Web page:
A NULL Is Not Unknown

Like it or not, NULLs happen. I don’t think that’s I’ve ever seen a production database that didn’t have NULLs.

Waiter, there's a NULL in my soup.

I’m not arguing whether or not NULLs in a database are good or bad. That discussion ranks up there with religion, politics, and naming conventions. My point is that NULLs exist. They are a fact of life and we must understand them conceptually before we can handle them programmatically.

So, What Is A NULL Anyway?

Let’s start with a definition. NULL is a convenient way to represent the absence of a value. It is not zero in the case of numeric columns. It is not a zero-length string in character columns. It is most assuredly not 1900-01-01 in a date column.

A NULL means that no value has been supplied. There is no value. There is no string; there is no number; there is no date. There is only the absence of a value.

But Doesn’t NULL Mean An Unknown Value?

It’s true that we don’t have an actual value for NULL. But that doesn’t necessarily mean the value is “unknown”. Let me illustrate with an example.

Consider a web site where pet owners make appointments with a Pet Cosmetologist. (I know; just go with it.) The web site asks the pet’s name, species, etc. One of the questions is the pet’s gender. For some animals, this is a very straightforward question. For other animals, answering that question takes uncommon skill.

The web developers recognized that some pet owners may not know Puddle’s gender so they provided three options in the drop down list: Male, Female, and Unknown. That should handle most every case. Dog owners can enter Male or Female as appropriate. Owners of kittens can enter Unknown.

I'm just not myself without a mani-pedi.

Gender is not a required field on the web site. The owners of the Pet Boutique don’t want to turn away an appointment request just because the pet’s owner doesn’t answer a question. Thus, owners of kittens who are embarrassed by their sexing ineptitude can leave that answer blank.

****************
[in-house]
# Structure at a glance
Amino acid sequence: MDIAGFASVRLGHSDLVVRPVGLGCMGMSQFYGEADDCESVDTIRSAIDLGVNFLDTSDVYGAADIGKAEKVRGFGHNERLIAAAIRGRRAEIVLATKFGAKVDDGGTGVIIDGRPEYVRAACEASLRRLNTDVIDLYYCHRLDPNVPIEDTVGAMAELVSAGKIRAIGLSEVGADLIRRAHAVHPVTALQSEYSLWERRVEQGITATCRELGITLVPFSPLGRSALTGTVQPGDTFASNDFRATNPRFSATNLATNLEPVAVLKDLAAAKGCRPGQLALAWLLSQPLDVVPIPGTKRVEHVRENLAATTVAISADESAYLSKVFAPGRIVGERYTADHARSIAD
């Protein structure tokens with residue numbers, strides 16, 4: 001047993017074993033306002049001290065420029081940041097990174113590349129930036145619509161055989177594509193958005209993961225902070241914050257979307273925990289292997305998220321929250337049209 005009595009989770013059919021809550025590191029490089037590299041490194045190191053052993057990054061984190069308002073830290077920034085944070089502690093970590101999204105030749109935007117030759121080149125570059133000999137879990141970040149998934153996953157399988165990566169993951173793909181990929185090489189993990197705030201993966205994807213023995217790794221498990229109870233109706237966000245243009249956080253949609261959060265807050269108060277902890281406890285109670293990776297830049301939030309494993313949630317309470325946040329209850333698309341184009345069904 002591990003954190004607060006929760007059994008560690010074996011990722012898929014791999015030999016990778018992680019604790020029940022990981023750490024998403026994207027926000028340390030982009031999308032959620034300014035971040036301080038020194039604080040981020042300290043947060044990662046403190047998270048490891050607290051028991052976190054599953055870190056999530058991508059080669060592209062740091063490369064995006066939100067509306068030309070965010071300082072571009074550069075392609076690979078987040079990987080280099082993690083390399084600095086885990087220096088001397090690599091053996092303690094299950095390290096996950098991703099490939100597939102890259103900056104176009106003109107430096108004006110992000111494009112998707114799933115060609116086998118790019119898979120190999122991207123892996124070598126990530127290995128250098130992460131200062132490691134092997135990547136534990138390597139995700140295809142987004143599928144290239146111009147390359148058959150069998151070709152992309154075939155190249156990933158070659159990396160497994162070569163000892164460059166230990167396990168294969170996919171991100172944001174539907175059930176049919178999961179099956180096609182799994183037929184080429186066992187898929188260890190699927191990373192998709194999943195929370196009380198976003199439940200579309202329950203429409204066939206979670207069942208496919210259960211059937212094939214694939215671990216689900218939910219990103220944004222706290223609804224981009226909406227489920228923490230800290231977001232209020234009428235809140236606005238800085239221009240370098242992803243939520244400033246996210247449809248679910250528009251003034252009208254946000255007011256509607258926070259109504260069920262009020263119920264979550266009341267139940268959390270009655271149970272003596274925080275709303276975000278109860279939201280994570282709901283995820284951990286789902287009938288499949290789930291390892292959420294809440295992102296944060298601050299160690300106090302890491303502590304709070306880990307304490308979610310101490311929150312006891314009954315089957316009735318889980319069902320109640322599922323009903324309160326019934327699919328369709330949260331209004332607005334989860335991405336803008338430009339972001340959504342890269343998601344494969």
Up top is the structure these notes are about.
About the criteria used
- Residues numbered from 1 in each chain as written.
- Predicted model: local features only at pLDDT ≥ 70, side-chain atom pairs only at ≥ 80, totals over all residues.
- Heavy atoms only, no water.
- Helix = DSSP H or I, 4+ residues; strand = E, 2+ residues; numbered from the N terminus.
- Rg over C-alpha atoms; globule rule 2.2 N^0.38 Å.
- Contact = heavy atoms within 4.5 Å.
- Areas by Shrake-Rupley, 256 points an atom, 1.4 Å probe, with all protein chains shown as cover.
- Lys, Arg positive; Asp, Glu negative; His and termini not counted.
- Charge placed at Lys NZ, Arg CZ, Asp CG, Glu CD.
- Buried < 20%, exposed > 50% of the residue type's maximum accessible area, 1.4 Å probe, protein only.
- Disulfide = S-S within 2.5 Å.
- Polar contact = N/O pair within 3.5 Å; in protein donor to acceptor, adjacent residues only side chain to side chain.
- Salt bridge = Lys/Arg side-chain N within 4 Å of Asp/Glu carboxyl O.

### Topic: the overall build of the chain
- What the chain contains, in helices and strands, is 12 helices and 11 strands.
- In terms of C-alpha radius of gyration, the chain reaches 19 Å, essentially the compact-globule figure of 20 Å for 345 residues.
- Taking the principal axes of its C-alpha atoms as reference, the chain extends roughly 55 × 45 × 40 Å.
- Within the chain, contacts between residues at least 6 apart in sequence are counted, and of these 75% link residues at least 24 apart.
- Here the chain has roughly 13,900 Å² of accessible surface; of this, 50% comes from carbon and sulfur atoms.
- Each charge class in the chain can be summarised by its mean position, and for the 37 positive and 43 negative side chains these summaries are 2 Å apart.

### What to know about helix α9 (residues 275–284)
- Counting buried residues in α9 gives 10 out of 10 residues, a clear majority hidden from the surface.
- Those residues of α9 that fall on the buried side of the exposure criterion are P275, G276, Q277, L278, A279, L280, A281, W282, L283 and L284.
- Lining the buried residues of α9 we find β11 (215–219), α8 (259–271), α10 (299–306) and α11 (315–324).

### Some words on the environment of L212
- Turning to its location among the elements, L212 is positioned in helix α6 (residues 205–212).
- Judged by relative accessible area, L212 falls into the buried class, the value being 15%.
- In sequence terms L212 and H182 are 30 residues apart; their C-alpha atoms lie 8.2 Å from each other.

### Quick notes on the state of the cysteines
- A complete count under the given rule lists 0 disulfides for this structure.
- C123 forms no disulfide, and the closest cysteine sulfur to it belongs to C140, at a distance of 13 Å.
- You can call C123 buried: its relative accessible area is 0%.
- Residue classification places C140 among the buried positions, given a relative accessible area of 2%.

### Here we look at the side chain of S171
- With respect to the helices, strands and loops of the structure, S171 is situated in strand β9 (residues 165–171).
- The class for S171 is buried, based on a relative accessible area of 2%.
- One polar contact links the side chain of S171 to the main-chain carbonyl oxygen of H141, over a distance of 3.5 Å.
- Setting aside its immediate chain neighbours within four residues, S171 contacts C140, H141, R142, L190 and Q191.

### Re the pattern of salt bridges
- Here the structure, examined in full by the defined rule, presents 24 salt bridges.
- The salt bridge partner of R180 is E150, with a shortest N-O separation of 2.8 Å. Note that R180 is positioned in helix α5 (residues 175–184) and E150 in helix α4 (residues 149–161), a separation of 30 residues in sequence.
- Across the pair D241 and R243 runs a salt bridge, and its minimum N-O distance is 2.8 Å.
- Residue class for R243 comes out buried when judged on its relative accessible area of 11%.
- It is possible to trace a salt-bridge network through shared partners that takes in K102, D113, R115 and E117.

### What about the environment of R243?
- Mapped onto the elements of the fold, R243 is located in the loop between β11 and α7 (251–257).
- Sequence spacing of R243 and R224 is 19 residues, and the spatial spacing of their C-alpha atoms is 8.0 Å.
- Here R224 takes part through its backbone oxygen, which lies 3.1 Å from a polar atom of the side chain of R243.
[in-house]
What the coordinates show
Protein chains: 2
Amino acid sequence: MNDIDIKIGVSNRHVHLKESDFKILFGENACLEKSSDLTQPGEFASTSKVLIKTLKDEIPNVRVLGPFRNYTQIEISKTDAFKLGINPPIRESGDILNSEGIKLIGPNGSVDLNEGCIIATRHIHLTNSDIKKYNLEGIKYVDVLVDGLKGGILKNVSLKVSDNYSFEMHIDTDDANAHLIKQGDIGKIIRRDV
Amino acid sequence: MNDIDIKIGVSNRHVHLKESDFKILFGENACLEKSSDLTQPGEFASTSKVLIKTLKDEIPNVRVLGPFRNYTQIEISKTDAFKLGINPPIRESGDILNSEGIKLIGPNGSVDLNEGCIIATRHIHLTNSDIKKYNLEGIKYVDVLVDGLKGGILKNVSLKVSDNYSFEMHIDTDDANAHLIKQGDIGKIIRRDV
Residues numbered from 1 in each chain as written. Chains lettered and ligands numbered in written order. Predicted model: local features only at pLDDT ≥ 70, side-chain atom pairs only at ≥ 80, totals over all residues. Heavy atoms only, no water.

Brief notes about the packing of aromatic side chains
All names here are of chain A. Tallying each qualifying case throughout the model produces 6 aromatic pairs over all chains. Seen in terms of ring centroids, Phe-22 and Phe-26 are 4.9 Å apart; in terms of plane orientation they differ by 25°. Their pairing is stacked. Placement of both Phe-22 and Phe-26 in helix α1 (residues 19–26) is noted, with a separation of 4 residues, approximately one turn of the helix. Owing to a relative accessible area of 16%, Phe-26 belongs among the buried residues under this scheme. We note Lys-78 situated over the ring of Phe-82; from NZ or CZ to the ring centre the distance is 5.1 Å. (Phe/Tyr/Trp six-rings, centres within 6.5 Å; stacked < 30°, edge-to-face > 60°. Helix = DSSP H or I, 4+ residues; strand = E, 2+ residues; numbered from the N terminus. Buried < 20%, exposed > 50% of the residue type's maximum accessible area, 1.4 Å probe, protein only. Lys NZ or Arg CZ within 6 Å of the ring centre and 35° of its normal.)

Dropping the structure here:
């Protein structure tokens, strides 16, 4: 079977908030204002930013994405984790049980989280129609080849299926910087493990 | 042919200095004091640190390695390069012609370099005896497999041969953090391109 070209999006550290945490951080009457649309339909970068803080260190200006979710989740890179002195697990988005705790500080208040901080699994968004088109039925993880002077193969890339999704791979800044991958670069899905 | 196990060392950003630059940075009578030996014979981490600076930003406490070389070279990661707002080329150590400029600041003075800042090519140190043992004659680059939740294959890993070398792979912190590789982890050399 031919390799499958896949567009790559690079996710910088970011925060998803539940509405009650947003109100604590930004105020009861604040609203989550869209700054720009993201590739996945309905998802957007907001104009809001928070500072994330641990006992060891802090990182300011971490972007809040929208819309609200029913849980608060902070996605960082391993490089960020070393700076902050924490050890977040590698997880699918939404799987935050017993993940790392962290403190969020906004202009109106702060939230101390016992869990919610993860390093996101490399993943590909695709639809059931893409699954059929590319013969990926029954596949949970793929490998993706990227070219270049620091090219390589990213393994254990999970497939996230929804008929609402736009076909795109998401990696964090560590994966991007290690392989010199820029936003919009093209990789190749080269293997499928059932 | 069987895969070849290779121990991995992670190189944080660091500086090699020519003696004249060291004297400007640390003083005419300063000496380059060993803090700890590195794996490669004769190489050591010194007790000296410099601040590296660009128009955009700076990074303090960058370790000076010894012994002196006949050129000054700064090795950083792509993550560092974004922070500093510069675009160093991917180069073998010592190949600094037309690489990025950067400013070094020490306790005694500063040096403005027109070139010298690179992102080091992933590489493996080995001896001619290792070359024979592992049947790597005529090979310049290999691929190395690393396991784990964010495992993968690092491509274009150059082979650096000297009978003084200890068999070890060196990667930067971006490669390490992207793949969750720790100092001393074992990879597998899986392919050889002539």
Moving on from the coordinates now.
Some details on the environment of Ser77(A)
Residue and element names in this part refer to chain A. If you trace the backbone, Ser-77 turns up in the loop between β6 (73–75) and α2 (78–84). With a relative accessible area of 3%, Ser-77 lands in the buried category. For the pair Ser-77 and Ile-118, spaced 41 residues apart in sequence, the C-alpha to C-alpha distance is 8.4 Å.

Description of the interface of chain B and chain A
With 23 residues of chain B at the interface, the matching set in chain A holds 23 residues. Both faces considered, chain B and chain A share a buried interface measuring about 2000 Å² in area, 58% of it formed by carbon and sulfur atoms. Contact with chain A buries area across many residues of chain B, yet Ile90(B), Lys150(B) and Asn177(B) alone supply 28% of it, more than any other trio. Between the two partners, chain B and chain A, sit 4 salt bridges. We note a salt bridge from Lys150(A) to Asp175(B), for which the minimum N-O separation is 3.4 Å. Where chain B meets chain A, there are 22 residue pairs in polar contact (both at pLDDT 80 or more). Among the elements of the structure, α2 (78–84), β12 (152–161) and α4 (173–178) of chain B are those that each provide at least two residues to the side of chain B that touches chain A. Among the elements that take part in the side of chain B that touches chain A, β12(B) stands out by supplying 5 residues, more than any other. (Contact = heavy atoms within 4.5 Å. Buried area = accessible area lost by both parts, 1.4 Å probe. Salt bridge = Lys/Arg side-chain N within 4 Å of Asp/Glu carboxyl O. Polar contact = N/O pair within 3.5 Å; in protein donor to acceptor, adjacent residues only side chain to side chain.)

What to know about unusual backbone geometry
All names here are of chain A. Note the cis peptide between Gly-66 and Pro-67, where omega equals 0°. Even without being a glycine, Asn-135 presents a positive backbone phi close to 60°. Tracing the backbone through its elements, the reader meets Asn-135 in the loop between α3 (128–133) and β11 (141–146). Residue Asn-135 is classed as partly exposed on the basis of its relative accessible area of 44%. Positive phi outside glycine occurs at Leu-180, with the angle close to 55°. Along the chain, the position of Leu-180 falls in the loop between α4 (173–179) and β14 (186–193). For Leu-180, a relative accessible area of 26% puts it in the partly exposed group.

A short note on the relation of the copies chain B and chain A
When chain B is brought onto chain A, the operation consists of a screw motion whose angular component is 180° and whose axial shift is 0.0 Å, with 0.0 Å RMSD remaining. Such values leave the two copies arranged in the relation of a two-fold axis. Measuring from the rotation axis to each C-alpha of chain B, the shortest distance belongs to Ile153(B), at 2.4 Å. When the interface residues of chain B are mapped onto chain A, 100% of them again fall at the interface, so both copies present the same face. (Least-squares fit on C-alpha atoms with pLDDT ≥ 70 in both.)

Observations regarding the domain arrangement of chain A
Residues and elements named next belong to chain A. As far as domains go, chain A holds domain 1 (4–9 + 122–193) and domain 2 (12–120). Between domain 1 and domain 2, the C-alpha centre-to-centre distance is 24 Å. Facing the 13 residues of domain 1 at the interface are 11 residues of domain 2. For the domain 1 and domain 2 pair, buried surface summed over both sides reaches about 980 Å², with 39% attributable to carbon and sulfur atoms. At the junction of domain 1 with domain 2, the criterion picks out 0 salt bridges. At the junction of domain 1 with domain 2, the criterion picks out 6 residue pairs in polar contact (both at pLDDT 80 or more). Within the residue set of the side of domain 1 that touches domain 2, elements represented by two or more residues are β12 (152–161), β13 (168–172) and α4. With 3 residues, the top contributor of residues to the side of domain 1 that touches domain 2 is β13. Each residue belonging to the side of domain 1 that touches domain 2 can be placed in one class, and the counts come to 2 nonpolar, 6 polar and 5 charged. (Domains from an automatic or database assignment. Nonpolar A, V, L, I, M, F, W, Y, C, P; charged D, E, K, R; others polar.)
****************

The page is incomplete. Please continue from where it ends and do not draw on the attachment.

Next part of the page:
See the difference? When the pet owner enters Male or Female, we know the gender of the animal. If they enter Unknown, we have a value provided by the owner. We don’t know whether to expect a boy or girl, but we have been given an answer to the question.

If the non-required question is left blank, we may end up with a NULL in the database. So NULL is the absence of a value altogether. It’s a question unanswered. Of course, the web developers may default to “Unknown” but that, in itself, may be misleading since it was not provided by the user.

Next Up: Nullology 101

If NULLs permeate our databases, it’s critical that we understand their affect. For example:

  • What happens when we sum a column that contains NULLs?
  • What happens if we concatenate strings that contain NULLs?
  • Can a NULL equal another NULL?

I’ll tackle these questions and more in the next post.

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13 Responses to A NULL Is Not Unknown

  1. David Stein says:

    Great post Joe, but aren’t you arguing semantics? To me, a Null is an unknown value because it is unknown to the database. Isn’t that really the same as an absence of a value?

    • Joe says:

      In a sense, yes. But there are a lot of people who use the term NULL Value and believe that NULL is actually a value, that NULL is a string, int, etc, when it’s not.

      The post actually started out to be a straight T-SQL post on NULLs, but the preliminaries grew into a post by itself.

    • Joe Celko says:

      The amont of gasoline in my Toyota is zero gallons; This is a measurement on a scale of an attribute of an entity. And I wish my wife understood that “E” does not mean “Enough”.

      The color of the feather of my Toyota is NULL. The entity exists, but does not have that attribute.

      The amont of gasoline in my Lamborghini is NULL. The entity does not exist to have the gasoline tank attribute.

      Codd made a distiction between these two kinds of NULLs in the Second Version of the Relatioal Model.

  2. Whew! Even if you’re avoiding the null good/bad debate, it’s still a topic that takes a bit of bravery to tackle. Looking forward to the next articles.

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  5. David McKinney says:

    Reminds me of comments by a certain Donald Rumsfeld regarding WMDs.

    There are known knowns; there are things we know we know.
    We also know there are known unknowns; that is to say we know there are some things we do not know.
    But there are also unknown unknowns – the ones we don’t know we don’t know.

  6. Gale says:

    Very nice refresher…we tend to forget these things as we swim the swamps of sql. Too bad NULLOLOGY 101 isn’t tomorrow. I was really getting into the article! Write on, Joe. Great easy (and interesting) style.

  7. Pingback: I Don’t Know! Deal With It! (Nulls) | Made2Mentor

  8. SQLguru says:

    The confusion the author has is between an “Unknown” at a state in time and “Unknown” being used as a value as provided in his example.

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